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Stories Just For Children
by Donna Flood
Learning to Work

      A light,  rain fell upon the meadow. The look and feel of it? Why, it was as if  someone had thrown a white, gauze fabric down from the sky. But it was more delicate and fine than that. Greens that were a chartreuse, yellowish-tint  in the bright sunlight were now,  a soft blue-green.

     Miranda lounged about on the cushions of the long window seat which was flanked by at least eight windows. It was a perfect place to enjoy the scene where misty,  tall grass was growing.  She really wasn't that interested in the view, but the child knew if she was quiet and reserved with her behavior she might avoid Grandmother's attention.

     “Come on, now!”  Miranda didn't want to hear her grandmother call, especially, if for some reason she was making a nuisance of herself. “Come on, Miranda. Put on your cleaning apron and pick up that dust cloth out of the pantry,” Grandmother was quick and alert to her granddaughter's good up bringing.

     “Oh yes, this is the best place to be,” Miranda now felt.  It was exactly the correct location and she had not complained about being bored while in her grandmother's company. It was something the girl had already learned. She knew it was wiser to be as quiet as a mouse.

      Dusting the furniture with a smelly, cedar-oiled rag wasn't exactly what she considered fun even though her tiny fingers were perfect for getting into the crevices of the heavy, carved furniture. Roses cut into the wood on the backs of the chairs created elegance for some but for her it was only a pain and she especially hated this chore. Her grandmother didn't seem to be a bit worried that she was only five years old, either.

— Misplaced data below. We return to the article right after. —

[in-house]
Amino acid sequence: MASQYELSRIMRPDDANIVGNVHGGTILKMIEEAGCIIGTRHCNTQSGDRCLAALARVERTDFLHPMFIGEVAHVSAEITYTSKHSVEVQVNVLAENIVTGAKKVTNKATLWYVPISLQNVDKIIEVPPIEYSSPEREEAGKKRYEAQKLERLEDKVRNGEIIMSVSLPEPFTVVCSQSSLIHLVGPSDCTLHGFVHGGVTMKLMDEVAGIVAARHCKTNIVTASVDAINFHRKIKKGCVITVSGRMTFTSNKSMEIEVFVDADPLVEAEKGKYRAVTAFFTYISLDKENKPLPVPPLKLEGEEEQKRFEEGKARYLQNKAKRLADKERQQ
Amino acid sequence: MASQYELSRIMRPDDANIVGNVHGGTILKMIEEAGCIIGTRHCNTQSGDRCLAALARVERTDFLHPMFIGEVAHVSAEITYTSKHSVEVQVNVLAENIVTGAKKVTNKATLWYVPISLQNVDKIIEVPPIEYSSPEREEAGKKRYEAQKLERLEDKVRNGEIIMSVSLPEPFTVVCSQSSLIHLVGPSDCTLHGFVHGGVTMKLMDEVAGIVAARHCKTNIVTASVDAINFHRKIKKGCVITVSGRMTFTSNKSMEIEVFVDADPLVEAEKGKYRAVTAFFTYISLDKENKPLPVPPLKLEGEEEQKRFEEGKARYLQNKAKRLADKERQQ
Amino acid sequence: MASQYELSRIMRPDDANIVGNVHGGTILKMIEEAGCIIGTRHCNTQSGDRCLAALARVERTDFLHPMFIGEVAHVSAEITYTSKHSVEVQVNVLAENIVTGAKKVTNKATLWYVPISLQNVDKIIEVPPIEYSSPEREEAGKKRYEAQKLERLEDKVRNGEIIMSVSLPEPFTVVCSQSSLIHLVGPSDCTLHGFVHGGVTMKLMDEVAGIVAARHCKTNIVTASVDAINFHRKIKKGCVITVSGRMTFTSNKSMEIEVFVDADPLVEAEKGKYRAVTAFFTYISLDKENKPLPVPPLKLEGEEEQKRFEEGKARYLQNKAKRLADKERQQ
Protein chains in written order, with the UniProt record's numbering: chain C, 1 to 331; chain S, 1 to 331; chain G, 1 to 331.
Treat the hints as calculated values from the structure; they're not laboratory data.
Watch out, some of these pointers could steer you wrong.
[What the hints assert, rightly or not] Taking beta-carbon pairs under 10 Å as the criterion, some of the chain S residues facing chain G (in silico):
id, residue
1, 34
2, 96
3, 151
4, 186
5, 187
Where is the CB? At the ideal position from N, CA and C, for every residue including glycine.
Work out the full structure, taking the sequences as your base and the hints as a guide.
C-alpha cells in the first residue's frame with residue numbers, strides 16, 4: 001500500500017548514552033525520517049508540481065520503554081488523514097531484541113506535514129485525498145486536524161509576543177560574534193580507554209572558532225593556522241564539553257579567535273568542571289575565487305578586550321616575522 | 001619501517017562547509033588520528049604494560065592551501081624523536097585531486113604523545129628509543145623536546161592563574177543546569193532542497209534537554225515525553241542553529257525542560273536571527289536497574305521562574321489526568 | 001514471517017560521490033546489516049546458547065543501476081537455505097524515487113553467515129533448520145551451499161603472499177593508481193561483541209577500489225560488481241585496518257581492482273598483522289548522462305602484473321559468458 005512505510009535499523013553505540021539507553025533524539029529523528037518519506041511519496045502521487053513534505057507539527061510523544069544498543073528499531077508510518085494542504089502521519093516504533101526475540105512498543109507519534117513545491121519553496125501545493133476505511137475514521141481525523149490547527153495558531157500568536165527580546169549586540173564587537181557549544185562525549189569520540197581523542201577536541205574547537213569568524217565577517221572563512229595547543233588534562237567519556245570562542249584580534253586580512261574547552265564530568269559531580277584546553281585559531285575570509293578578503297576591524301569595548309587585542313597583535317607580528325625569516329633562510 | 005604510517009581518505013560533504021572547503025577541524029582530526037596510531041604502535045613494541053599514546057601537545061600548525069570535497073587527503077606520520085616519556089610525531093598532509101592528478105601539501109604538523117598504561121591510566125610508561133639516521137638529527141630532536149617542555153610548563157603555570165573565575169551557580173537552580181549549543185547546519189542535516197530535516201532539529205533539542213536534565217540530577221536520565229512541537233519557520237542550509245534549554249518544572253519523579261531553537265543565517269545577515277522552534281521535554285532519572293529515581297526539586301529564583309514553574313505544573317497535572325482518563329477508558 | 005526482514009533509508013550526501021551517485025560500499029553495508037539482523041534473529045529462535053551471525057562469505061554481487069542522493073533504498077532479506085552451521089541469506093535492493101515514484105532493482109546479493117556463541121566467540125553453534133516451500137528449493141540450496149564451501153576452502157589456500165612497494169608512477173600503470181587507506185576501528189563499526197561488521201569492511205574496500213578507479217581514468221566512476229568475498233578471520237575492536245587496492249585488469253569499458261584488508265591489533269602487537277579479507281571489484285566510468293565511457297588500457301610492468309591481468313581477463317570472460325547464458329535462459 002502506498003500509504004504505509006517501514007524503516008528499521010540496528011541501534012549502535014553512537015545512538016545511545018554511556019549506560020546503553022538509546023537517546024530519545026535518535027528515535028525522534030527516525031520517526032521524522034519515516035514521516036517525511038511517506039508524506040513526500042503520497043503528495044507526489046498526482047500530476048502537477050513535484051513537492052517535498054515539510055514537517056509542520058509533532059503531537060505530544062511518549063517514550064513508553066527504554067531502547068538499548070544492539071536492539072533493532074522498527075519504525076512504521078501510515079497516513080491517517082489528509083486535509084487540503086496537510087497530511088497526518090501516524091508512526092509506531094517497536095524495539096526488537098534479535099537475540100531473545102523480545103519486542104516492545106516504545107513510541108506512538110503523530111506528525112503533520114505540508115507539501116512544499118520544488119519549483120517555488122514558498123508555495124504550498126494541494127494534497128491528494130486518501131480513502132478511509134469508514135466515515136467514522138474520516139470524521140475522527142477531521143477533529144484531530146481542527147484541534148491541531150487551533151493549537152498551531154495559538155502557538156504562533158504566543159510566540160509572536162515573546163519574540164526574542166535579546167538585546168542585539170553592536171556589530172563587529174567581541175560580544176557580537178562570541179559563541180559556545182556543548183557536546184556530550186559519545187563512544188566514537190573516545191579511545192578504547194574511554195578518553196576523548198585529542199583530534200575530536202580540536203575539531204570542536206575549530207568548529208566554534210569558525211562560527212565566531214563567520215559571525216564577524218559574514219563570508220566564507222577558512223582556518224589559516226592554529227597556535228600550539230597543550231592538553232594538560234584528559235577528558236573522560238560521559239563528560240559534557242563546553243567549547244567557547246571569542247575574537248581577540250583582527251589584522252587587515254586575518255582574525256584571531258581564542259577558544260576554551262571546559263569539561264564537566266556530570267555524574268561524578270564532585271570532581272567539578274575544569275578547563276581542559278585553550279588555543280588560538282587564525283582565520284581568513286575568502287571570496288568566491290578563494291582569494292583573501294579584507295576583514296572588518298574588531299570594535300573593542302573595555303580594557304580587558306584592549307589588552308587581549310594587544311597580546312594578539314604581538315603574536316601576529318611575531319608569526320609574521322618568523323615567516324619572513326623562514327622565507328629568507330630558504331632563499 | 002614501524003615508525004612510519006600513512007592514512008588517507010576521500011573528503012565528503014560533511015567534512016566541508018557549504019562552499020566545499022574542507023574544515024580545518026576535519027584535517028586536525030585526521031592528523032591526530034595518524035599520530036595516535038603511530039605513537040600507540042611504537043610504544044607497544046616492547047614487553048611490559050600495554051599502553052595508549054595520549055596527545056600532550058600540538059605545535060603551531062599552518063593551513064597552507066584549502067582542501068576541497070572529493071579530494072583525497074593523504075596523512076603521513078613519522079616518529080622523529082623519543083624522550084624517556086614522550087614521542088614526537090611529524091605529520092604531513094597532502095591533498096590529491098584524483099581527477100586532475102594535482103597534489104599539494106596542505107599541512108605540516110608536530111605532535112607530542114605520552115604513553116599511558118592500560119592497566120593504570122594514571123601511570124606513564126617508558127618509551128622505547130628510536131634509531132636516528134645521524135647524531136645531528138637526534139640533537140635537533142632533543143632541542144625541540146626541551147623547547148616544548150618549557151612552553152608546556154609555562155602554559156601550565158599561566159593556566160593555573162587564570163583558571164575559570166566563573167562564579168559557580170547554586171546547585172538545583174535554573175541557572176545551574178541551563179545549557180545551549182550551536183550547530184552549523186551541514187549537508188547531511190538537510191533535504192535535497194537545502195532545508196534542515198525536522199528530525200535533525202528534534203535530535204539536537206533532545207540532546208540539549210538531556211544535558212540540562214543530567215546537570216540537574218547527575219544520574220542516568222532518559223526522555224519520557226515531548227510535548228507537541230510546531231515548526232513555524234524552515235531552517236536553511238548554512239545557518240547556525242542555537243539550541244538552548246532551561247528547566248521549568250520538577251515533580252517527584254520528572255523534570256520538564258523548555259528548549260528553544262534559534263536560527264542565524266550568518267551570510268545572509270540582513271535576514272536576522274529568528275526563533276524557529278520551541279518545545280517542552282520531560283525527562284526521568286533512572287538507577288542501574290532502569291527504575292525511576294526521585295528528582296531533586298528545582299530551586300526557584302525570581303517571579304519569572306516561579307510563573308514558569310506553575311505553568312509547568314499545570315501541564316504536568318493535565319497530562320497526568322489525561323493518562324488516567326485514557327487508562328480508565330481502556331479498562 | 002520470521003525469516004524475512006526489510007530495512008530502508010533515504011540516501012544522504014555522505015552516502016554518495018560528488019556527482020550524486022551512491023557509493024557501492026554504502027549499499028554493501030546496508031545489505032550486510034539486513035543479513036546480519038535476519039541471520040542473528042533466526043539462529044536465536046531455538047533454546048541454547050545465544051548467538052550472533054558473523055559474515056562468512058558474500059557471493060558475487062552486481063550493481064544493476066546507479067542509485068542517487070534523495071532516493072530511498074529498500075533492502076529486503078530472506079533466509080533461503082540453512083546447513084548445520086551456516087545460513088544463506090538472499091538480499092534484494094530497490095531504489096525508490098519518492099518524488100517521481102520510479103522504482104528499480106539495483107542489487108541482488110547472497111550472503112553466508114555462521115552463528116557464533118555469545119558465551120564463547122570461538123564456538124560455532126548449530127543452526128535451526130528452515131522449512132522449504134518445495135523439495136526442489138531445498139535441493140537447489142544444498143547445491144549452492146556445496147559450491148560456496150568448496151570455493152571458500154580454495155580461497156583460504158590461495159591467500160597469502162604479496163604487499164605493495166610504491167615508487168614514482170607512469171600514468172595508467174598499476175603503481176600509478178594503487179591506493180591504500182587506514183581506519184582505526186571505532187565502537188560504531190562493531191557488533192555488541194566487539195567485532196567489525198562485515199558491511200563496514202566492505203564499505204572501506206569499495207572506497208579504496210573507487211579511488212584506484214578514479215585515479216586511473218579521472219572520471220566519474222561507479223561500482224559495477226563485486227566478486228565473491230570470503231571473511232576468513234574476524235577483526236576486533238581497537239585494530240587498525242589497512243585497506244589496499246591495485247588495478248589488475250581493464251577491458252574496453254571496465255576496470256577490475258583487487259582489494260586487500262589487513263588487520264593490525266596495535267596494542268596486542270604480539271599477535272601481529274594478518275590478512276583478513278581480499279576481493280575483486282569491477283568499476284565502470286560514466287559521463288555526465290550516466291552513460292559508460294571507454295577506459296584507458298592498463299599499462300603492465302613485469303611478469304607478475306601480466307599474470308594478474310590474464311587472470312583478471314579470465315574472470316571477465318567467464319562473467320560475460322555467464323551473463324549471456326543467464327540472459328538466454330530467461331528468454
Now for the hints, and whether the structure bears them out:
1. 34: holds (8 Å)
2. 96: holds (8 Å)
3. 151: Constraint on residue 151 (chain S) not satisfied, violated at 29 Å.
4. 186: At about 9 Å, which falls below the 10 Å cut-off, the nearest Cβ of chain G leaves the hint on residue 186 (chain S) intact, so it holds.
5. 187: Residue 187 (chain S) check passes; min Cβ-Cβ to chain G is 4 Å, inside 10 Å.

“Learn to make yourself useful,” Gramma was fond of saying or she might comment, “pretty is as pretty does.”

     Miranda didn't really know what that meant. Her mother and cousin were pretty but the way Gramma talked there must be something wrong with that. She wondered what it was. As she thought about this she wanted to question someone to ask if she was  beautiful but decided she probably wasn't, else Gramma wouldn't be speaking about it in such an easy way. The windows made a perfect mirror with the dark day behind them. She peered at her own image in the pane of glass.

     “Hmmm, don't look pretty to me,” Miranda muttered. Her hair was scraggly and hard to control so,  usually, tight braids helped to hold it in place. Seemed like all those around her, except Grandmother, had beautiful dark skin. The little girl believed her face, on the other hand, was pale and uninteresting.

      Miranda held in her lap the small piece of fabric her grandmother had taught the girl to hem. If she kept partial attention to this effort, usually,  it was enough to make her look busy and this is what she did.

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